All functions that expose an rng keyword argument, use the Pumas.default_rng() as the default value. Under the hood Pumas.default_rng() is a Random.TaskLocalRNG object:

typeof(Pumas.default_rng())
TaskLocalRNG

Under the hood Random.TaskLocalRNG wraps a random number generator and makes it task-local. Random.TaskLocalRNG is a random number generator that is deterministically defined by the parent task at the time of its creation. This means that this random number generator can be used safely in parallel computations.

There are several types of random number generators available in Julia:

  • Random.Xoshiro: default in Julia and in Pumas.
  • Random.MersenneTwister: default in R and Python.
  • Random.RandomDevice: uses the system’s random number generator, e.g. /dev/urandom in UNIX/Linux-based systems.

In the past, Julia used the Random.MersenneTwister as the default random number generator. However, the Random.Xoshiro uses less memory and is faster than the Random.MersenneTwister. As a side note, the Random.RandomDevice uses the system’s random number generator and is useful for cryptographic applications.

The way we deterministically define the sequence from a pseudo random number generator is by setting a seed value.

2 Setting a Seed

A seed is a number that initializes the random number generator. By setting the seed value, we ensure that the sequence of random numbers generated will be reproducible.

In Julia, the rand function is a random number generator. It generates a uniformly distributed random number between 0 and 1.

rand()
0.740288761967004

Have a look at this example. Let’s generate a sequence of 3 random numbers with the seed 123.

Random.seed!(123)
rand(3)
3-element Vector{Float64}:
 0.521213795535383
 0.5868067574533484
 0.8908786980927811

Now let’s generate the same sequence of random numbers with the same seed:

Random.seed!(123)
rand(3)
3-element Vector{Float64}:
 0.521213795535383
 0.5868067574533484
 0.8908786980927811

As you can see, the sequence of random numbers is the same.

Note that if we initially set a seed value, but do not reset the random number generator between calls to rand, we will get different sequences of random numbers between calls because we are sampling further down the sequence of pseudo-random numbers:

Random.seed!(123)
rand(3)
3-element Vector{Float64}:
 0.521213795535383
 0.5868067574533484
 0.8908786980927811
rand(3)
3-element Vector{Float64}:
 0.48719485750855107
 0.6665212532492512
 0.4797705026351681

However, we get the same behavior of this sequence of two calls to rand every time we run the code. This is due to the fact that every time that we call a PRNG in Julia, it advances its internal state. Setting a seed resets the internal state of the PRNG to a certain value.

3 Reproducibility

Knowing that setting a seed ensures that the random number generator will always generate the same sequence of numbers, there are two main ways to ensure reproducibility in Pumas. They both involve setting the seed of the random number generator:

  1. Local reproducibility: Set the seed of the random number generator inside a function call.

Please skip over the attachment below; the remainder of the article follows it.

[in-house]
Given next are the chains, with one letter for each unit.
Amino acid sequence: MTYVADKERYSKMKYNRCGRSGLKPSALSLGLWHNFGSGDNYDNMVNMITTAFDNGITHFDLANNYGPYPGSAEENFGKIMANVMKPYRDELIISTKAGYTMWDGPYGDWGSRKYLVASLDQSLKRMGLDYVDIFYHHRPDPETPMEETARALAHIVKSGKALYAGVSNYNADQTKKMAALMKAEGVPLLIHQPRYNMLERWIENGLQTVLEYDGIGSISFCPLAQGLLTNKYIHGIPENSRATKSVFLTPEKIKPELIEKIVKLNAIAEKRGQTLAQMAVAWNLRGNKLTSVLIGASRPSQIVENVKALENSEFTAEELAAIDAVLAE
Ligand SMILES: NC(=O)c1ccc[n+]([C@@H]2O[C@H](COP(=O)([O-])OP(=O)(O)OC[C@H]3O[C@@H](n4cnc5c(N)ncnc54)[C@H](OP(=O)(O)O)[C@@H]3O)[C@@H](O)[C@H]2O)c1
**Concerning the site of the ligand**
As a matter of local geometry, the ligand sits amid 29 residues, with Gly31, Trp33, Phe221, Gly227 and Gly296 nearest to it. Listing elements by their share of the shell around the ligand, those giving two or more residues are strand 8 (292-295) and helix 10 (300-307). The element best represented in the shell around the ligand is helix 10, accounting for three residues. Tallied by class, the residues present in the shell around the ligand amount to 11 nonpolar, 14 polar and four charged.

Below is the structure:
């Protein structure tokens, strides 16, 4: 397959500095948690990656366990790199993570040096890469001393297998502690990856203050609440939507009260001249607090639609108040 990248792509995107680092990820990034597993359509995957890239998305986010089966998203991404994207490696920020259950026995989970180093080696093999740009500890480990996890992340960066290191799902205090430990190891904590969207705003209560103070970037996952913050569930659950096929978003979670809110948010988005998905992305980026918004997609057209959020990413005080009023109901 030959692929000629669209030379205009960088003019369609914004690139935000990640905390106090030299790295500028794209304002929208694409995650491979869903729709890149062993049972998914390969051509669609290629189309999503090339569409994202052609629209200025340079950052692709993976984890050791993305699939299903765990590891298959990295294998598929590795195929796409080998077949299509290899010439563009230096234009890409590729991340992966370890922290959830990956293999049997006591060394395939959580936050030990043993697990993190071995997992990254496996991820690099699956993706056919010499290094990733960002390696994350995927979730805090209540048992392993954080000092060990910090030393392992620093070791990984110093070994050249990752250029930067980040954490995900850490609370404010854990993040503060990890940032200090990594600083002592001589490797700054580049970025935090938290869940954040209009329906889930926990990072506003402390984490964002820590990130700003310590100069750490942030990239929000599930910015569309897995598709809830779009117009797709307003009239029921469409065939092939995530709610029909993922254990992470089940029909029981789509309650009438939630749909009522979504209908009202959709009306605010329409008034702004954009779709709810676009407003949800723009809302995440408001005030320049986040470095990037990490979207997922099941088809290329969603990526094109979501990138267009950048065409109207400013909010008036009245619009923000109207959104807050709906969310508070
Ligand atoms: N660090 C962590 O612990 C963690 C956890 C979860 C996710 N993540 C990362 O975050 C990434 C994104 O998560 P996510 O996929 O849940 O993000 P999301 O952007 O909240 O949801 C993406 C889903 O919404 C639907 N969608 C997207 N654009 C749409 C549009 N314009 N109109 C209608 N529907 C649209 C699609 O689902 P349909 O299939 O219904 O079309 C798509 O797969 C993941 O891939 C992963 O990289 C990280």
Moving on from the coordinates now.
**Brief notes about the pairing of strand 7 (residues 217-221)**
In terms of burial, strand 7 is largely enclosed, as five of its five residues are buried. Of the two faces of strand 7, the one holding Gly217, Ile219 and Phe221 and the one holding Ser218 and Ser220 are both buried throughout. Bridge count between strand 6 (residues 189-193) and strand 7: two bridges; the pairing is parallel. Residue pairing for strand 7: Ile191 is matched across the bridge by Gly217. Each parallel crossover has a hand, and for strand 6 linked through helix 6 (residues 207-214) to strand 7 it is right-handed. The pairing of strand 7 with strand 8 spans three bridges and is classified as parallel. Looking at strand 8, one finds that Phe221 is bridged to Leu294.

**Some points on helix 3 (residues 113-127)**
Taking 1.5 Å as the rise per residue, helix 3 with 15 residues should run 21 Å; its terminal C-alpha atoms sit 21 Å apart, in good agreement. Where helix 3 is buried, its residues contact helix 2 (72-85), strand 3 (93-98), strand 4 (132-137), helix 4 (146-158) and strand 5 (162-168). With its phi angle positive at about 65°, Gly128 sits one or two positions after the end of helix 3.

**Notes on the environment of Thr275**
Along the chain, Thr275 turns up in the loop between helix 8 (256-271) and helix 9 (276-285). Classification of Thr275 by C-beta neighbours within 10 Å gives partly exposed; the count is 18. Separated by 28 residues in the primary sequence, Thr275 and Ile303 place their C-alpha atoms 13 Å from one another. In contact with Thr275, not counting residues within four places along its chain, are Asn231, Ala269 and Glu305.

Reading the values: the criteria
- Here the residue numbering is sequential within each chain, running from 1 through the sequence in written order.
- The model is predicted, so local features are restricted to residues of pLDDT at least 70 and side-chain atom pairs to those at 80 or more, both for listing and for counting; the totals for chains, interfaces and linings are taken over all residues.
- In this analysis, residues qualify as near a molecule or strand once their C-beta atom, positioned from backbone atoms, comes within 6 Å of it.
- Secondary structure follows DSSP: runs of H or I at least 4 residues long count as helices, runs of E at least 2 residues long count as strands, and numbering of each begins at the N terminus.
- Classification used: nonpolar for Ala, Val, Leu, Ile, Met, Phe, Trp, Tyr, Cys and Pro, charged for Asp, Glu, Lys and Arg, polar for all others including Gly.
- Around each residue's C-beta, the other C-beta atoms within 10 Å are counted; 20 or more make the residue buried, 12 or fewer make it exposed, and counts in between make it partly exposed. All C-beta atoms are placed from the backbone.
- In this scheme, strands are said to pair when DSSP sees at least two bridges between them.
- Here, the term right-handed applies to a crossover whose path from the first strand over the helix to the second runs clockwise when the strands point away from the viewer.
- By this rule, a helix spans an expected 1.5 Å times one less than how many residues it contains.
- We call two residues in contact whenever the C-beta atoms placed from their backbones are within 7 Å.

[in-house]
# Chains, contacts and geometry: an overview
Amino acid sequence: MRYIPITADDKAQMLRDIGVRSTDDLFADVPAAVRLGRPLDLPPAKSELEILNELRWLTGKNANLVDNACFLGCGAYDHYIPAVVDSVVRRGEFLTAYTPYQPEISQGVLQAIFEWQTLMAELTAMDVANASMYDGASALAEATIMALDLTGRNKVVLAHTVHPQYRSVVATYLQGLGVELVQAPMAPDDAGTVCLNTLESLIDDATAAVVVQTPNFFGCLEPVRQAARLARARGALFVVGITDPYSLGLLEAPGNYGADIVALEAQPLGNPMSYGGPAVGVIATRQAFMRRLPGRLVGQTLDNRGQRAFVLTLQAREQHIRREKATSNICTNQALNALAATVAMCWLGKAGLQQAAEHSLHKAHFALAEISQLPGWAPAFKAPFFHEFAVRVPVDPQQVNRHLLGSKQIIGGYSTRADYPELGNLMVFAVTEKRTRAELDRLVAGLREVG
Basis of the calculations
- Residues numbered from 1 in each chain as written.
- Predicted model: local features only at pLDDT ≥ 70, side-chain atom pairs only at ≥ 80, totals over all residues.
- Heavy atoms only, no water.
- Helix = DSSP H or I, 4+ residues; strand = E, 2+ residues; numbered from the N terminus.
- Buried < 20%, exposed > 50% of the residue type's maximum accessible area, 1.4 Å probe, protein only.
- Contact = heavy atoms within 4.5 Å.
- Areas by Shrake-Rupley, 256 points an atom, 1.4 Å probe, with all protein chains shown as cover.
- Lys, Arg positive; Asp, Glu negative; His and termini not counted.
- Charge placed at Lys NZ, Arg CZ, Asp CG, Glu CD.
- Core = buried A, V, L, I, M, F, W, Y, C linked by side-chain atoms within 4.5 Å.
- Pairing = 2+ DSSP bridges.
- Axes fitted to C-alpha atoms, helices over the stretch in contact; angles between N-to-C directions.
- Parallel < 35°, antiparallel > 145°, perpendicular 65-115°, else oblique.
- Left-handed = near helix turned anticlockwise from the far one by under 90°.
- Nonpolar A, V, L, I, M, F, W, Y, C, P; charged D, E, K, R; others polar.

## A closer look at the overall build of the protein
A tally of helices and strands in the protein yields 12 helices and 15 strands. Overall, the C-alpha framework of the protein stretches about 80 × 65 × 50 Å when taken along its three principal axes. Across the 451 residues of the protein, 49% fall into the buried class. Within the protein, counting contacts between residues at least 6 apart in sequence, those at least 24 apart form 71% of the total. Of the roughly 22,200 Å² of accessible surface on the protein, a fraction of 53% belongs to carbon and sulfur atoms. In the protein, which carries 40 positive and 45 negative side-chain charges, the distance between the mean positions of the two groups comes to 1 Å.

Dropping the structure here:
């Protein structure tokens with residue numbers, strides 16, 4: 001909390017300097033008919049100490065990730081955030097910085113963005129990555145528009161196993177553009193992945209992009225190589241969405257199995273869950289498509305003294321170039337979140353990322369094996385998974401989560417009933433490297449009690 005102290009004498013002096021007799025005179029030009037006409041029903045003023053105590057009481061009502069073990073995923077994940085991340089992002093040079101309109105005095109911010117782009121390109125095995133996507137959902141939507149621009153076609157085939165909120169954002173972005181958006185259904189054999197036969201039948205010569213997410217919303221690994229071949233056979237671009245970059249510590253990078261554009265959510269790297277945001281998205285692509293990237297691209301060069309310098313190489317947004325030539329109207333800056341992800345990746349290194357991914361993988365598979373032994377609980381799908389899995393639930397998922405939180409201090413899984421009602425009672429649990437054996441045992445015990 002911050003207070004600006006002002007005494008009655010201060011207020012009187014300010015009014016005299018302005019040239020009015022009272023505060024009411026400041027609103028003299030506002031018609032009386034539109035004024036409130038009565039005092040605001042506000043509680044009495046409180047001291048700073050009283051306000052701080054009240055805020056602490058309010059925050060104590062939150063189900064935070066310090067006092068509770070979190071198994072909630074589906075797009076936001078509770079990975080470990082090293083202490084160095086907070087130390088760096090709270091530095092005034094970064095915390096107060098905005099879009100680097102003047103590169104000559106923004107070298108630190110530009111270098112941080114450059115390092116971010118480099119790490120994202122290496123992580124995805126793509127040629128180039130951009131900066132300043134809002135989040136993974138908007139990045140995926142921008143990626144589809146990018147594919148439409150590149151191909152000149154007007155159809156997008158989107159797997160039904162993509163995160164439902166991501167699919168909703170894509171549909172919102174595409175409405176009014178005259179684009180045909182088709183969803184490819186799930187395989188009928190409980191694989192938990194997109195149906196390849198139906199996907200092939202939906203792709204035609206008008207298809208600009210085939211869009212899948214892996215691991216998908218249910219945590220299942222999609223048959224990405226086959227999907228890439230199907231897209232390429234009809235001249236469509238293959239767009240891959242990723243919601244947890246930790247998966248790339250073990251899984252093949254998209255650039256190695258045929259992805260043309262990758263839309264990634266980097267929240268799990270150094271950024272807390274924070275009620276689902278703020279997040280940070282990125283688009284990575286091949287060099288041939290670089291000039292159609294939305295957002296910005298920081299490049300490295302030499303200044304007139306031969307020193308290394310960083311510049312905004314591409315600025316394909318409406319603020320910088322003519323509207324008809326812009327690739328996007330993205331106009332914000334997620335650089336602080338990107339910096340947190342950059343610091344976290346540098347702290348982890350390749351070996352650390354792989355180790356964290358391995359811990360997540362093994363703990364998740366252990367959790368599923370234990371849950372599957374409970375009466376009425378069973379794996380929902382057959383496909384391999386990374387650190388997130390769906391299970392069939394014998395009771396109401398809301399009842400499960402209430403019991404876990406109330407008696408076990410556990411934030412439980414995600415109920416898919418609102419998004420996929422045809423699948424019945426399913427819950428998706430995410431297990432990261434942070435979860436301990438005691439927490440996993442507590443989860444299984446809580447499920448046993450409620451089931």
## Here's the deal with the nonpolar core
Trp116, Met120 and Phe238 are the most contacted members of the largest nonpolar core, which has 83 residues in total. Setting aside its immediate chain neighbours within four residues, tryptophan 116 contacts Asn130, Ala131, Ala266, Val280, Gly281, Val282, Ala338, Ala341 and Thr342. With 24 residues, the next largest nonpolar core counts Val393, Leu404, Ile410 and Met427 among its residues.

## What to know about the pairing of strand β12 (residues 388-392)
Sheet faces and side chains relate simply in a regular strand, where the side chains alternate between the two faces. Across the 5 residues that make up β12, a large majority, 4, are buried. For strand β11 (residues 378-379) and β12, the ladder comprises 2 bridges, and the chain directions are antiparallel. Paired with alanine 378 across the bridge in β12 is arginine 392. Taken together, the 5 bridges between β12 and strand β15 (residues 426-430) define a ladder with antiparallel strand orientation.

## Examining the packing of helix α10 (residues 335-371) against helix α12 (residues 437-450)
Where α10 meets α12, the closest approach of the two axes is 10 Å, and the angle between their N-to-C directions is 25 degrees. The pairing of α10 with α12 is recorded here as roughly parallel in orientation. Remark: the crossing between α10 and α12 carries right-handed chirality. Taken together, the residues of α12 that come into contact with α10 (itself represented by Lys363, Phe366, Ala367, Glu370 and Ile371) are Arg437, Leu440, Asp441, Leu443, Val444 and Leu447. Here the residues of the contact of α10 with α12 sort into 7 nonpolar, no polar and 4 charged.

2. Global reproducibility: Set the seed of the random number generator globally.
Best Practices for Reproducibility

It is best practice to only use global reproducibility in the finalized analysis script.

Local reproducibility is useful for some interactive work, and debugging purposes. However, it can introduce spurious correlations in the pseudorandom numbers which can bias analyses.

When you set the seed of the random number generator inside a function call, you ensure that the function call will always generate the same sequence of numbers. This is useful when you want to ensure reproducibility in a specific function call.

When you set the seed of the random number generator globally, you ensure that all function calls that use the random number generator will generate the same sequence of numbers.

3.1 Local Reproducibility: Setting the Seed Inside a Function Call

To set the seed of the random number generator inside a function call, you need to pass the rng keyword argument to the function call. Note that the rng value should be a PRNG that has the seed set.

PRNGs in Julia

As we’ve seen, Julia has several types of PRNGs. To pass a seed to a PRNG, you need to instantiate the PRNG with the seed value. For example, to set the seed of the Random.Xoshiro PRNG to 123, you would do:

Random.Xoshiro(123)

Analogously, to set the seed of the Random.MersenneTwister PRNG to 123, you would do:

Random.MersenneTwister(123)

Here’s an example of how to set the seed of the random number generator inside a simobs function call:

using DataFramesMeta
sims = simobs(model, population, fixeffs; rng = Random.Xoshiro(123), obstimes = 1:5)
df_sims = DataFrame(sims)
@chain df_sims begin
    groupby(:time)
    @combine :mean_conc = mean(:conc)
end
6×2 DataFrame
Row time mean_conc
Float64 Float64?
1 0.0 missing
2 1.0 3.4357
3 2.0 4.52999
4 3.0 4.84612
5 4.0 4.89696
6 5.0 4.85515

If we run this code several times, we will always get the same sequence of simulated observations because the random sequence of values from rng is reset at each function call by explicitly specifying the seed value:

sims = simobs(model, population, fixeffs; rng = Random.Xoshiro(123), obstimes = 1:5)
df_sims = DataFrame(sims)
@chain df_sims begin
    groupby(:time)